In A Lesson About Love, Harley Shaw documents seven minutes inside of a spy store, which she films wearing hidden cameras on her body. It’s a good one-liner of a film, and one-liners are important. The protagonist is never seen, only seen being seen. On her first visit, she asks the salesperson mundane questions while capturing him unawares on tape. On her second visit, she gets busted by a different guy at the counter who threatens to press charges against her. The rest of the film takes place on iMessage, where Shaw tries to talk her way out of being charged.
Dear Maria, Lena Redford, 2019
In Dear Maria, Lena Redford manages to successfully convey sadness, comedy, appealing visuals and some heartbreak in under four minutes. Tragedy and comedy are best friends in good art, and Redford is at home with both. Almost the entire film shows what’s transpiring on Redford’s laptop screen. There are other shots of her lazily preparing to move out of her apartment recorded with either an iPhone or GoPro. Redford is writing a letter to her landlady, Maria, using a template, to inform her that she’ll be decamping from Los Angeles for Miami. She is giving notice. While she talks aloud, she modifies the text, until she’s writing Maria a personal letter describing what’s been going on with her, and why she’s moving to Florida. Redford speaks in a satisfyingly blase voice about her life. Redford tells Maria out loud that she’ll be “moving out tomorrow, which is cool, cause that is soon.”
Her one-sided conversation with Maria is sweet, and also reads like Redford is trying to encourage herself about how easily she can clean up the apartment and move out. She tells Maria she’s moving to Miami because that’s where her brother lives, and not Scottsdale, where her father lives, apparently so he can receive treatment for what seems to be a serious illness that’s never revealed.
Redford is very funny, her voice is funny, what she documents and how she does it is funny. The offhand remarks about her father add a nice undertone of sadness that doesn’t feel sappy, just real. In one brief shot, she’s shown putting a fidget spinner into her pocket, and this somehow feels important.
Hoy!, Pedro Bello, 2019
Hoy! is a very confusing film in a way that feels positive. Bello, playing himself, appears at the beginning as a man who keeps falling up and getting down. The style of the film is obscure videogamesque. Bello is harassed and encouraged by a strange purple man who looks like a genie and calls him both a jerk and a friend. At some point, Bello is ordered by a second-rate X-men/Transformers type character to take part in a production of King Arthur, where he’s meant to play a tree. As in Redford’s film, a lot of things are described as ‘cool’, even when they aren’t. Bello’s character is cute, has Band-Aids on his face, and seems both chill and confused. I can’t say I understood the story I watched, or that there even was one, but Bello has a great slapstick style, and many times while watching his film I laughed, which is positive.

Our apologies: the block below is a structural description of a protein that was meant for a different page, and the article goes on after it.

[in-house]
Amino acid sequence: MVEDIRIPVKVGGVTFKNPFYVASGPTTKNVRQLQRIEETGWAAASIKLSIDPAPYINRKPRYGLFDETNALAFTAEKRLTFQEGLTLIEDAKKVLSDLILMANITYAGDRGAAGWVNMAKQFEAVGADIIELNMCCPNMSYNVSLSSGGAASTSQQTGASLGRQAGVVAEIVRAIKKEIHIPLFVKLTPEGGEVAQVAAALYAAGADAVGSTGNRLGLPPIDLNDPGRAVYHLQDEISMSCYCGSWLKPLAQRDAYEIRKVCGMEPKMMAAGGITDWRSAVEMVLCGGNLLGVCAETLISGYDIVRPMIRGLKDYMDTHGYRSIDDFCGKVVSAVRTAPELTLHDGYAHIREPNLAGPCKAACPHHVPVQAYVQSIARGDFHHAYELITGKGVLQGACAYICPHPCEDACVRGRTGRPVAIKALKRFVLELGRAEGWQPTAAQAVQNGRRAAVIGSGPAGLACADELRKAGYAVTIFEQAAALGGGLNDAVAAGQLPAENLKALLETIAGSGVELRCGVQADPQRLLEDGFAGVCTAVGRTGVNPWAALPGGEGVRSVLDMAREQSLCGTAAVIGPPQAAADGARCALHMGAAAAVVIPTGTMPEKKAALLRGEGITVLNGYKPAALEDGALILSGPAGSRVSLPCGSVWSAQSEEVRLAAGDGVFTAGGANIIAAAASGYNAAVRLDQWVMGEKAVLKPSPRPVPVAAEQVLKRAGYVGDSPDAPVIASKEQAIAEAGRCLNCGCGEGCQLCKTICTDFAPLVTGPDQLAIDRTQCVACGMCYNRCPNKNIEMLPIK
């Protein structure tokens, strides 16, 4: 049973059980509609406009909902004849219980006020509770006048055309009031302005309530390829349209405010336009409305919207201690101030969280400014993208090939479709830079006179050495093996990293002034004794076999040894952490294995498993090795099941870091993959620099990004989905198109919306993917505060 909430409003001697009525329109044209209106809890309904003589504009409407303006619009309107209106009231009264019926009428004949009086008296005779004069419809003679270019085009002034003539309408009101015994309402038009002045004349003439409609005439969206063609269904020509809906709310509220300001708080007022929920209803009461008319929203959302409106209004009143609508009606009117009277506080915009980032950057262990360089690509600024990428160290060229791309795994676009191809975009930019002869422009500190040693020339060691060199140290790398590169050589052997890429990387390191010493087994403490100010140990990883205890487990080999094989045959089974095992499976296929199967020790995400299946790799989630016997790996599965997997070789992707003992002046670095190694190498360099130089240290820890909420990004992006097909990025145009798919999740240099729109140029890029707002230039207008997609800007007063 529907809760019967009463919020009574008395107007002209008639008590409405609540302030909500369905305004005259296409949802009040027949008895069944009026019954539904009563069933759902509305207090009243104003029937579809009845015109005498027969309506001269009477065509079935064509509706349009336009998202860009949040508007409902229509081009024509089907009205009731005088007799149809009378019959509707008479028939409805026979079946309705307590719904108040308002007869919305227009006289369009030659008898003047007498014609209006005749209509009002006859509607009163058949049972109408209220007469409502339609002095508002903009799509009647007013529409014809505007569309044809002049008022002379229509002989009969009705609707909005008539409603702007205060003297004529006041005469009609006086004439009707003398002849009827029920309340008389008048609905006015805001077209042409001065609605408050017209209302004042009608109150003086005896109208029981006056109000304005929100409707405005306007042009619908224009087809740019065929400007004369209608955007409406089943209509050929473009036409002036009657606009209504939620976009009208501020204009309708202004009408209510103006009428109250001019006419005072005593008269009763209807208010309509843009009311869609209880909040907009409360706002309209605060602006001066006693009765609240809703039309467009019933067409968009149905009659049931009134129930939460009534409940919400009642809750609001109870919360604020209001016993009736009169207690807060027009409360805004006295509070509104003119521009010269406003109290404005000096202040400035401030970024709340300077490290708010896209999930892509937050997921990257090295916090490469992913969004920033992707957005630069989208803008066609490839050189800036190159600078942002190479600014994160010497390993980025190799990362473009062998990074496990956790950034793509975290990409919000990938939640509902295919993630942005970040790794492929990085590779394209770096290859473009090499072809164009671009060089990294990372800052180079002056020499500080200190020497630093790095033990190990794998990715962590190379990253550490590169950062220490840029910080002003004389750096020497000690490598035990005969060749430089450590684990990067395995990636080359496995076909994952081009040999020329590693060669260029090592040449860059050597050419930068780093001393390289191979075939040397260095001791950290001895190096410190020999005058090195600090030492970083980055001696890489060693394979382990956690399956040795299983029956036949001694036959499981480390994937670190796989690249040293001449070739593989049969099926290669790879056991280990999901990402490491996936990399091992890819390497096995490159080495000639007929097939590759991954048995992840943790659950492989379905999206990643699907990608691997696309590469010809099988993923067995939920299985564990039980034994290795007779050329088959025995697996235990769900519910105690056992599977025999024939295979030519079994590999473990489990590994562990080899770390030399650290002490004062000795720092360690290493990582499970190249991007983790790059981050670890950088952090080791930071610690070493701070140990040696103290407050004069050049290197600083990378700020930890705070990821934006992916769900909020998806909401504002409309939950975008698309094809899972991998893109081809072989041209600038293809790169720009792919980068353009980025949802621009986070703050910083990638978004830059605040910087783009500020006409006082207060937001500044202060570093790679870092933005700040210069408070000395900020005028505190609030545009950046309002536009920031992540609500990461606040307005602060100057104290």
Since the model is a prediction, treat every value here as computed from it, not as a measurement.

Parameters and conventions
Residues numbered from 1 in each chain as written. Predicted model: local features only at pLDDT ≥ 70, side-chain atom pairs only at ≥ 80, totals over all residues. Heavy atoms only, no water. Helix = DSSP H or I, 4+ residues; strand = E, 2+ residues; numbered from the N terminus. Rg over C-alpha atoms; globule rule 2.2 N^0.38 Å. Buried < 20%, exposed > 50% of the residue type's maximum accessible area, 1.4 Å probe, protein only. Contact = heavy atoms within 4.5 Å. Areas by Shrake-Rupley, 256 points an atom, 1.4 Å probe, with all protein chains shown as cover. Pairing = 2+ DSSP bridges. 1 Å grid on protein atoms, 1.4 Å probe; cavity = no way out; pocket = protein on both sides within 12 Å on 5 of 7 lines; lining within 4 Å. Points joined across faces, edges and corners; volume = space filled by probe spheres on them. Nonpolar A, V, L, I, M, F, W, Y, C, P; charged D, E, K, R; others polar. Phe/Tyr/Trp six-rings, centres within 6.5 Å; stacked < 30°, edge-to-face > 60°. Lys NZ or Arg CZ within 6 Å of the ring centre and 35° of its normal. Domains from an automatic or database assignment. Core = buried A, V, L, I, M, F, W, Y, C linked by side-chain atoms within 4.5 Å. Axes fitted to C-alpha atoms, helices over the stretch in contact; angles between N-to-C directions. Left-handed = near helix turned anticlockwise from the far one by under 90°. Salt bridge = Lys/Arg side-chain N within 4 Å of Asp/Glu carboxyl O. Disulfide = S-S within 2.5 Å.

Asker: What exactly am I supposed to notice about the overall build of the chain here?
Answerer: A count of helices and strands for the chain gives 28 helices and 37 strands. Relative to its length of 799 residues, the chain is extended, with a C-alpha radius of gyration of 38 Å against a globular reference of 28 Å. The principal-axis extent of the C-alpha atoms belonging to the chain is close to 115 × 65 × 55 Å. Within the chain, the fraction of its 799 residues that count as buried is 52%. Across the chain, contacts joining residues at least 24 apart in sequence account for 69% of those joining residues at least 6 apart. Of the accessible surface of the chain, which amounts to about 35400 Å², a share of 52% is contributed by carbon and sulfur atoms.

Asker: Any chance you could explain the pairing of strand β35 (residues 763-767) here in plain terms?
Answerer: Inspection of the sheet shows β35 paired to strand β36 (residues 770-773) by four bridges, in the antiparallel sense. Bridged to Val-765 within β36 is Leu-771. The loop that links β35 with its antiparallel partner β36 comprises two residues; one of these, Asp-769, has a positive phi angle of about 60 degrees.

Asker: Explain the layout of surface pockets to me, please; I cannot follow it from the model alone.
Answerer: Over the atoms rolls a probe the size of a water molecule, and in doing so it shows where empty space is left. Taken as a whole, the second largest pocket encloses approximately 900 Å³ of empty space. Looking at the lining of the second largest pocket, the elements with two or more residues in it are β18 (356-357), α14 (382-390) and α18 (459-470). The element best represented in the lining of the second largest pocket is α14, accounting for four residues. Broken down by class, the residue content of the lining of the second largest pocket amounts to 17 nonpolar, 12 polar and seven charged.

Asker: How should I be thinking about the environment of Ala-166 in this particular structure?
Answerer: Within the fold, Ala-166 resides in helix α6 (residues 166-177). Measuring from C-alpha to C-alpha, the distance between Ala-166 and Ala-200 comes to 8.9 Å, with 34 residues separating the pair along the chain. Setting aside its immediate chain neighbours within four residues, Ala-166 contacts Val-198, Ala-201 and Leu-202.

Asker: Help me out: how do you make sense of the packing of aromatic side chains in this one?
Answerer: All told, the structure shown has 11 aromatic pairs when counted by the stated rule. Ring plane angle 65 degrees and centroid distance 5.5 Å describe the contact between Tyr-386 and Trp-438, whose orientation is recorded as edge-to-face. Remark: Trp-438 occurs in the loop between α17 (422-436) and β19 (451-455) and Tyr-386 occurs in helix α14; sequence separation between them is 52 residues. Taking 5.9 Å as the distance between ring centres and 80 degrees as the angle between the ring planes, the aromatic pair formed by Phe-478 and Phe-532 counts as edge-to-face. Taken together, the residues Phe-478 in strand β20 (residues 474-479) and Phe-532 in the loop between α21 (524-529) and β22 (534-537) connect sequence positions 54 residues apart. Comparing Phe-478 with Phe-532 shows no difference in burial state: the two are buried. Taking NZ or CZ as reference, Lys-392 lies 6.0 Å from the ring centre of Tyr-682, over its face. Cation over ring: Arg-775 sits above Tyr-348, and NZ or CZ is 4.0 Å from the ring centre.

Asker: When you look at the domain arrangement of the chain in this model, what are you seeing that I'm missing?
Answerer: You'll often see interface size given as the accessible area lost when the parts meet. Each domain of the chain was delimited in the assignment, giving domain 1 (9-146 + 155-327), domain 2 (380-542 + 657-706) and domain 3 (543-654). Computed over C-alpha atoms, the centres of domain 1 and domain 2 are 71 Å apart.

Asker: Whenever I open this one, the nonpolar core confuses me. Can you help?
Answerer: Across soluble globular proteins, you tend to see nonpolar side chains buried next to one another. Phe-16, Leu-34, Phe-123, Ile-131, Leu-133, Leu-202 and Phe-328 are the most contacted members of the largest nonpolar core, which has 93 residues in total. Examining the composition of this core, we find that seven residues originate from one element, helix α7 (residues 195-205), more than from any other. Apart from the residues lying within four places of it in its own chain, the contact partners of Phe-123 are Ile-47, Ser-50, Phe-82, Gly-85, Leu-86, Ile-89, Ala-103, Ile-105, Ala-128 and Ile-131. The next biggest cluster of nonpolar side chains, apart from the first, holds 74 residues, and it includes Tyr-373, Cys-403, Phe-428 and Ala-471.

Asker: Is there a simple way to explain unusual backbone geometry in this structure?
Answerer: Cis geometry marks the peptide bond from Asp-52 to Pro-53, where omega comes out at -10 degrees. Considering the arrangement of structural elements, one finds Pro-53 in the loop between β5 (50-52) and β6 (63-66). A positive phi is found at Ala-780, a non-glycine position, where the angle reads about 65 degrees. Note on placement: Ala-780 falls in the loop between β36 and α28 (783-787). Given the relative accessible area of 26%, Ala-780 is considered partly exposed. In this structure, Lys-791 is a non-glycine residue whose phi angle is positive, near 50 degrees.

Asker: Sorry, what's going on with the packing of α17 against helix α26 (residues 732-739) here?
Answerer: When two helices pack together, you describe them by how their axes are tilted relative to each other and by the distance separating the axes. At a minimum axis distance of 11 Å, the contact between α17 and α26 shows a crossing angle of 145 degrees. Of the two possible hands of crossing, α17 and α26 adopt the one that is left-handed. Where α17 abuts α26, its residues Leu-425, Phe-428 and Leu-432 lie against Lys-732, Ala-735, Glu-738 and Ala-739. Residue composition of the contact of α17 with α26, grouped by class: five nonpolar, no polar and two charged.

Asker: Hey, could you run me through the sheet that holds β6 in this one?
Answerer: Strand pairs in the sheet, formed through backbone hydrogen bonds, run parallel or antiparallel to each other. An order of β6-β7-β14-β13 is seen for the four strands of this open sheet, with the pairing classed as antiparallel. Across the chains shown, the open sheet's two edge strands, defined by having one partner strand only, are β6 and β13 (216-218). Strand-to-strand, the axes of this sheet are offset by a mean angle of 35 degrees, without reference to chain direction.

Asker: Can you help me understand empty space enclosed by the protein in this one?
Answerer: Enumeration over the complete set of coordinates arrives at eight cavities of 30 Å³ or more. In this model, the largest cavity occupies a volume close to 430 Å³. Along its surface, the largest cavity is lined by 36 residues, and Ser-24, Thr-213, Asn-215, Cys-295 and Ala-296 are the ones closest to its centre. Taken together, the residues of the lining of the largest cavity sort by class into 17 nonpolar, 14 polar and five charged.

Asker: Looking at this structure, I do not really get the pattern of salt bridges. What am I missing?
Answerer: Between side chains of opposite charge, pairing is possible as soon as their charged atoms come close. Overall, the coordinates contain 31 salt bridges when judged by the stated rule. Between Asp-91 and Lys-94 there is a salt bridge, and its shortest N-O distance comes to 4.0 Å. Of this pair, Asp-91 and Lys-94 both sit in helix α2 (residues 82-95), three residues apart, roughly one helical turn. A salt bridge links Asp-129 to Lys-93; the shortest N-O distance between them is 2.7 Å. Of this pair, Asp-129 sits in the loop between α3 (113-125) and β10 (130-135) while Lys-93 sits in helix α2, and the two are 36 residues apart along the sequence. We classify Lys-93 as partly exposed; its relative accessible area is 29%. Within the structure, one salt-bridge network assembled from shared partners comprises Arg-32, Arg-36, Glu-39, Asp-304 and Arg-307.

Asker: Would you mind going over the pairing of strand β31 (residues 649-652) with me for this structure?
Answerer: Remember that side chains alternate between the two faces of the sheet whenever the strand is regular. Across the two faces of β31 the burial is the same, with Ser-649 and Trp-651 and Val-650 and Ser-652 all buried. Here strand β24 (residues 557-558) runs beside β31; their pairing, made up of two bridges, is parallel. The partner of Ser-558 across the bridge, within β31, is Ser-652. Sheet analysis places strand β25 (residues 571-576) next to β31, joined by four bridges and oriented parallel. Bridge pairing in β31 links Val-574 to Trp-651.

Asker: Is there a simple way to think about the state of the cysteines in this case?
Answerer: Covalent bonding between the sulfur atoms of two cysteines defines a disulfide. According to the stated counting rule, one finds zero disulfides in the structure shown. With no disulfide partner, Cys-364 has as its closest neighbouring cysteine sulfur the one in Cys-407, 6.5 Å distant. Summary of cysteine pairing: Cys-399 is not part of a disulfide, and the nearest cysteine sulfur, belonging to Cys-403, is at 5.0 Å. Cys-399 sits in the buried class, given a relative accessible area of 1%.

It was the night we poured our pink Hummer spectacle onto the empty red carpet of the Adrienne Arsht Centre that I saw the films I liked most. Happily, to me, there is a store in Miami called Sib-Bling Jewellers. I wanted to mention this but had no reason until I saw Emergency Action Plan by Dylan Redford, brother to Lena.
Emergency Action Plan, Dylan Redford, 2019
Emergency Action Plan is bookended by two segments where Redford is being interviewed about childhood memories. In the first, he’s in Grade 5 and has been chosen to by his principal to be a victim in a school-wide earthquake drill. Redford has an unrequited crush on a girl in his class named MacKenzie. He describes how a bell goes off at 11 A.M., at which point he is taken to the library, covered in fake blood, and told that he’s been crushed to death by a fallen bookcase. He tells his interviewer that he fantasized about his death would garner MacKenzie’s attention. In the second childhood flashback, Redford describes a fantasy where, after having been killed by the bookshelf, he walks back to class to find a note on his desk from MacKenzie which reads, “I’m glad you’re alive”.
After reminiscing about MacKenzie, Redford, sitting at a table in an unremarkable shirt is asked about an email he received on September 10, 2017. He describes having gotten an email at work asking him to prepare an Emergency Action Plan for an Active Shooter scenario. The young boy killed by a bookshelf is now spurred by memory to prepare as best as he can to be shot in his office, because as says, “I have zero confidence I would survive an active shooter attack. If anything I would be the first person nailed.”
Redford is a very good actor (appearing in other films), and while watching his film, I realized I was witnessing for the first time the creative aftermath born by a generation of kids drilled daily to prepare for a bloodbath. Redford’s character is very enthusiastic about taking up his company’s directive to prepare for violence. He watches ‘hundreds’ of active shooter drill videos on YouTube. He googles “what kind of guns do active shooters use”, then purchases those guns (for self-defense). He buys striking dummies, bulletproof vests, and hidden cameras. Through his enthusiastic effort to remain safe and do what his company asks of him, Redford unwittingly becomes flagged as a potential active shooter due to his search and purchase history. In the end, Redford envisions himself shot to death by a SWAT team, who’ve now thwarted one active shooter attack by eliminating an overly enthusiastic, highly neurotic office employee. Emergency Action Plan is very funny, but is also an intelligent satirical analysis of American gun frenzy and perpetual surveillance.